There are signs of conflict in the next major video game from FarmVille and CityVille juggernaut Zynga, signs that might look to some long-time gamers of a bit of classic strategy games like Nintendo's Advance Wars being absorbed into a game Zynga might as well have called CombatVille. Or WarVille, if you will.
Starting on June 1, you can try it. It's called Empire & Allies, a familiar-looking game with some key changes to the popular Zynga formula.
At a glance, Empires & Allies looks like any other popular Zynga game. You're looking down on some terrain that you can build up. You can buy buildings, lay down farms, harvest resources, and you can do it all on the clock, clicking away to upgrade your beautiful plot of land.
The twist is that, in this game, you're building a military base, setting yourself up not simply for happy production but for combat against both computer-controlled enemies and invading friends.
I haven't played the game yet. I'll be able to on the same day you can, June 1, on Facebook, via this official Zynga web address [Note: it's not active just yet]. I was, however, given a remote demonstration of it by the game's producer, Amer Ajami, a former producer at gaming giant EA who worked on Lord of the Rings and Command & Conquer strategy games. (Might I also direct your attention to the game's acronym, E&A? Hmmm....)
Ajami started his demonstration of the game by showing me how to build up a town and base like you see here and in the image at the top of this story. You do this in the expected CityVille-style way, with all of the planning, clicking, and waiting-unless-you-want-to-pay-to-get-ahead that you'd expect from a ZyngaVille game.
One of the twists, he said, is that social interactions will involve more than just inviting people to help you develop your town and base. You'll also be able to make what Ajami called a "moral choice"... do you go to your neighbor's town to visit... or to invade? If you invade successfully, you'll gain control of part of the other player's map. Other players can do the same to you, though you can repel them. In the map that Ajami showed me, multiple buildings had red icons over them, signifying incoming attacks from so-called friends.
An invasion is fought through a battle screen like the one you see here. Conflicts are turn-based, using a rock-paper-scissors dynamic that defines each unit as strong or weak against other types. In a battle, you'll be able to choose from engaging with land, sea or air forces and then pick specific units that work best against the enemy units (for example, some kind of boats are strong against planes; others are weak).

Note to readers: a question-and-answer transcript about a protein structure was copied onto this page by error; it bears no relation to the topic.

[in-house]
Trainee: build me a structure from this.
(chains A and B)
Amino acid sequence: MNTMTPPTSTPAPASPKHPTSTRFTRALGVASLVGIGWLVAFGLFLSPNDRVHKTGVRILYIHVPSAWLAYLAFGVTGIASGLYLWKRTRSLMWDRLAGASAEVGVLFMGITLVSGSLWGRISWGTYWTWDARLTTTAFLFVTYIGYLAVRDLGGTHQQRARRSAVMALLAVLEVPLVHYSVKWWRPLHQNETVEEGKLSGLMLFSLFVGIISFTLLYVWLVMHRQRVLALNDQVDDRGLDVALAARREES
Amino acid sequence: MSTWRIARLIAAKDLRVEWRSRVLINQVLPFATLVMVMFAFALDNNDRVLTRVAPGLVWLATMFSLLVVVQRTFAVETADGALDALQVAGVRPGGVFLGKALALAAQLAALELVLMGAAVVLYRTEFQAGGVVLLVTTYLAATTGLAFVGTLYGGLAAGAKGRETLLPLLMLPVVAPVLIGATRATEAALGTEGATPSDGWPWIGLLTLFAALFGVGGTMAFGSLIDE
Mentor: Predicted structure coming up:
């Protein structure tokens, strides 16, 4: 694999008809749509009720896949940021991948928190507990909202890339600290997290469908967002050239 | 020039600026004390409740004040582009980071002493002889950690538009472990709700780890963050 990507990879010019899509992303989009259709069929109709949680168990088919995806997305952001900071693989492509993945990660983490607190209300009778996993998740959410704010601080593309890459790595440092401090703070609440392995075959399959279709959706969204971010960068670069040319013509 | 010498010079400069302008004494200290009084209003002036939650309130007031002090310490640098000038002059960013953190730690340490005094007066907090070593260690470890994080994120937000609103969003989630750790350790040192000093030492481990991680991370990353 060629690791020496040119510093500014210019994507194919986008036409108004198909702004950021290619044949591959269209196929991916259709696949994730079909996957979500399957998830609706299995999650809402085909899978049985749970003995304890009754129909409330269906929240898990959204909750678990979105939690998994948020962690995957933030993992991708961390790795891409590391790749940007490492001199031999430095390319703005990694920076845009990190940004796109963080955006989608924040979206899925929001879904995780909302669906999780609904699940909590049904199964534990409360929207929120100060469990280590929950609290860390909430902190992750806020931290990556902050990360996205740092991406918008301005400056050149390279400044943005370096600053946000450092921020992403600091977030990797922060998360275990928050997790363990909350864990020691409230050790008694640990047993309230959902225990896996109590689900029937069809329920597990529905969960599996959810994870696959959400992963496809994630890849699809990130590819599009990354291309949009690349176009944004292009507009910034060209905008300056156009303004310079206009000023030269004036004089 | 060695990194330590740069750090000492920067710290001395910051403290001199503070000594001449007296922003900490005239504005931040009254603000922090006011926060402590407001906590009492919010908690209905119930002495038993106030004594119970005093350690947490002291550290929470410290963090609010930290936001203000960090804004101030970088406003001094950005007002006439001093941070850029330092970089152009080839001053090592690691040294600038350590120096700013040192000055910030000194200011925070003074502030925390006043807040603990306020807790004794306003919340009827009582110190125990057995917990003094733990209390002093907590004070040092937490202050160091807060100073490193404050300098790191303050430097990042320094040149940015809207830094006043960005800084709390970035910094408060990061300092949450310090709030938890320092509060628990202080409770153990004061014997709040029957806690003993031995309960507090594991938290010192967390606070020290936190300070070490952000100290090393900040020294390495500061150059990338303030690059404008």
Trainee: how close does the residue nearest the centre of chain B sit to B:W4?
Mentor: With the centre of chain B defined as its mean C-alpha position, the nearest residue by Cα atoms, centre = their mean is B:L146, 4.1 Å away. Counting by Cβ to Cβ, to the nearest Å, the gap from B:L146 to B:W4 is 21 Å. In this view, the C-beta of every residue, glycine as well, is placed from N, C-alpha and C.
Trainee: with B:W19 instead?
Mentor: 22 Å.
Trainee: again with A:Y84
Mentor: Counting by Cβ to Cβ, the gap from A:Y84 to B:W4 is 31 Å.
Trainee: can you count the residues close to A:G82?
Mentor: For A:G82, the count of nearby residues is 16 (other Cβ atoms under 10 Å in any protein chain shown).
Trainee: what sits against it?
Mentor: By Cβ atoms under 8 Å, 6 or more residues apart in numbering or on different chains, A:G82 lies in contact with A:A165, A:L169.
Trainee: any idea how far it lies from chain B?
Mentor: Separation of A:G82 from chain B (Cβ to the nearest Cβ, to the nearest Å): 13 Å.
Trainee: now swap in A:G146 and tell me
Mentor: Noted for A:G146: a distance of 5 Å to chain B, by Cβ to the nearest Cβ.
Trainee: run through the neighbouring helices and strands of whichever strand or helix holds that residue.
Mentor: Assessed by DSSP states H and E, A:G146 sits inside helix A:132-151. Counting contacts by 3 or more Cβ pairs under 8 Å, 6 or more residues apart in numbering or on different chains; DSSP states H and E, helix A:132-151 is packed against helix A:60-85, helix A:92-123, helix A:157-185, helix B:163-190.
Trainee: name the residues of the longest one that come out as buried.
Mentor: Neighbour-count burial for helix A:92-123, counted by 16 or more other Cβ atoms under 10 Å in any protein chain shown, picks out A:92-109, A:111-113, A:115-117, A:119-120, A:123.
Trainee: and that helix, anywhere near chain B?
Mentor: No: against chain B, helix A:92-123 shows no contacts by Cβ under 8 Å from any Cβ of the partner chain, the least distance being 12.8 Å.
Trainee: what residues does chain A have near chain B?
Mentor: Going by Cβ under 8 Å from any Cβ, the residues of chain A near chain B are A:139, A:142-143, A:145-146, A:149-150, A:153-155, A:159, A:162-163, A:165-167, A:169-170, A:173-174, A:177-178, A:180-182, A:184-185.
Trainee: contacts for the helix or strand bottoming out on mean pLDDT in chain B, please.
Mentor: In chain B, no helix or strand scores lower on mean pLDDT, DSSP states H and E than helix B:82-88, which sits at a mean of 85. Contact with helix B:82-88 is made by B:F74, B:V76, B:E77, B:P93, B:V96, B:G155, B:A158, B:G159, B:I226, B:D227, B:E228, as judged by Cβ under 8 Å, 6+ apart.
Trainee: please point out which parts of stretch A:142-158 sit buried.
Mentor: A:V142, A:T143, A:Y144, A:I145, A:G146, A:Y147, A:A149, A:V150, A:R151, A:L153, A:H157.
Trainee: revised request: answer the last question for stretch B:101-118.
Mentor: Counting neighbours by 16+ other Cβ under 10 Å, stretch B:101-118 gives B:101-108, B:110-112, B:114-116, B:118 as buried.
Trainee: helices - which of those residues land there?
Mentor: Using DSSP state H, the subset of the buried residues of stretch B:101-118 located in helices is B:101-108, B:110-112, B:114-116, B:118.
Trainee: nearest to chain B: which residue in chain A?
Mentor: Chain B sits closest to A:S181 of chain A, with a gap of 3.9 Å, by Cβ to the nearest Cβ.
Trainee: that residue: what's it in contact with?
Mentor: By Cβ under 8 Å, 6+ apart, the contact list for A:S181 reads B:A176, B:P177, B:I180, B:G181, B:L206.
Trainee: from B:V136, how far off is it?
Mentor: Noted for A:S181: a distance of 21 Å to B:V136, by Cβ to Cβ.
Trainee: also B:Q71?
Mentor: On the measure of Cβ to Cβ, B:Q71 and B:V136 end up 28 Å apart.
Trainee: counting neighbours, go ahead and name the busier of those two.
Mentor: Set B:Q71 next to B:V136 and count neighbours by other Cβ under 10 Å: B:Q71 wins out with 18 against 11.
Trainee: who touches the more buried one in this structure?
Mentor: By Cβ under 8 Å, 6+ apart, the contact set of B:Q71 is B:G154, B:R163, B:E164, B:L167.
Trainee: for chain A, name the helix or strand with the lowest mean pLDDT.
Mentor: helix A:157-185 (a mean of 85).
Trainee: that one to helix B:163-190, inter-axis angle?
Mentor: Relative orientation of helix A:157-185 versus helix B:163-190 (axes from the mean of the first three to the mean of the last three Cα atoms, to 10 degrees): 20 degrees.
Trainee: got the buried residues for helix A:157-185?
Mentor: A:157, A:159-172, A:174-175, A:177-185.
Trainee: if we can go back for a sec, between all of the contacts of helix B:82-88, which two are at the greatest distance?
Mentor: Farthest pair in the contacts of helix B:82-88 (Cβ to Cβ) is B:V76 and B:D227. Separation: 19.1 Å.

Players of Empires & Allies won't just compete against each other. Ajami showed me a map of islands that represents a bona fide single-player campaign. That's another Zynga rarity, a storyline campaign, complete with scripted enemy encounters and boss fights. The first 14-henchmen campaign should last players a few weeks, Ajami told me, though it sounds like some of that may be due to level requirements that must be met before progressing. He said players should assume that the initial campaign is just a first chapter of what will be a continuously-expanding campaign. A player will also be able to recruit friends to help them in their effort.
Empires & Allies certainly seems like a more aggressive game than what Zynga usually makes, but Ajami said his team at Zynga LA wasn't trying to make a game stereotypically just for the macho gamer or the hardcore Kotaku audience. The art style, he noted, is "very approachable," and definitely, to my eyes, is designed to be as welcoming as Nintendo's Advance Wars. The more likely hook for that more bellicose gamer would be depth, something ZyngaVille games have been accused of lacking. I couldn't judge the game's depth from my brief demo of it, but I was both heartened and disappointed to know of one planned added feature for the game: the developers will be adding the ability to improve units by researching better tech for them, a strategy game staple that would surely be more impressive if it was in the game at launch, rather than planned as a first-wave addition.
Zynga has recently added some all-time greats of PC game development to its fold, including Civilization strategy game pioneers Brian Reynolds and Bruce Shelley. Both consulted on the game, but Zynga LA led the effort. Former Infocom writer Bob Bates wrote some of the story.
New games from Zynga get mixed responses from those who absorb video game knowledge at outlets like Kotaku's. The experiences the company promotes do get labelled as shallow. But Empires & Allies signals at least an attempt to go in the very direction many have called for in this ZyngaVille genre: more depth, more complexity. Are they moving far enough in that direction? Try Empires & Allies on June 1 and see for yourself.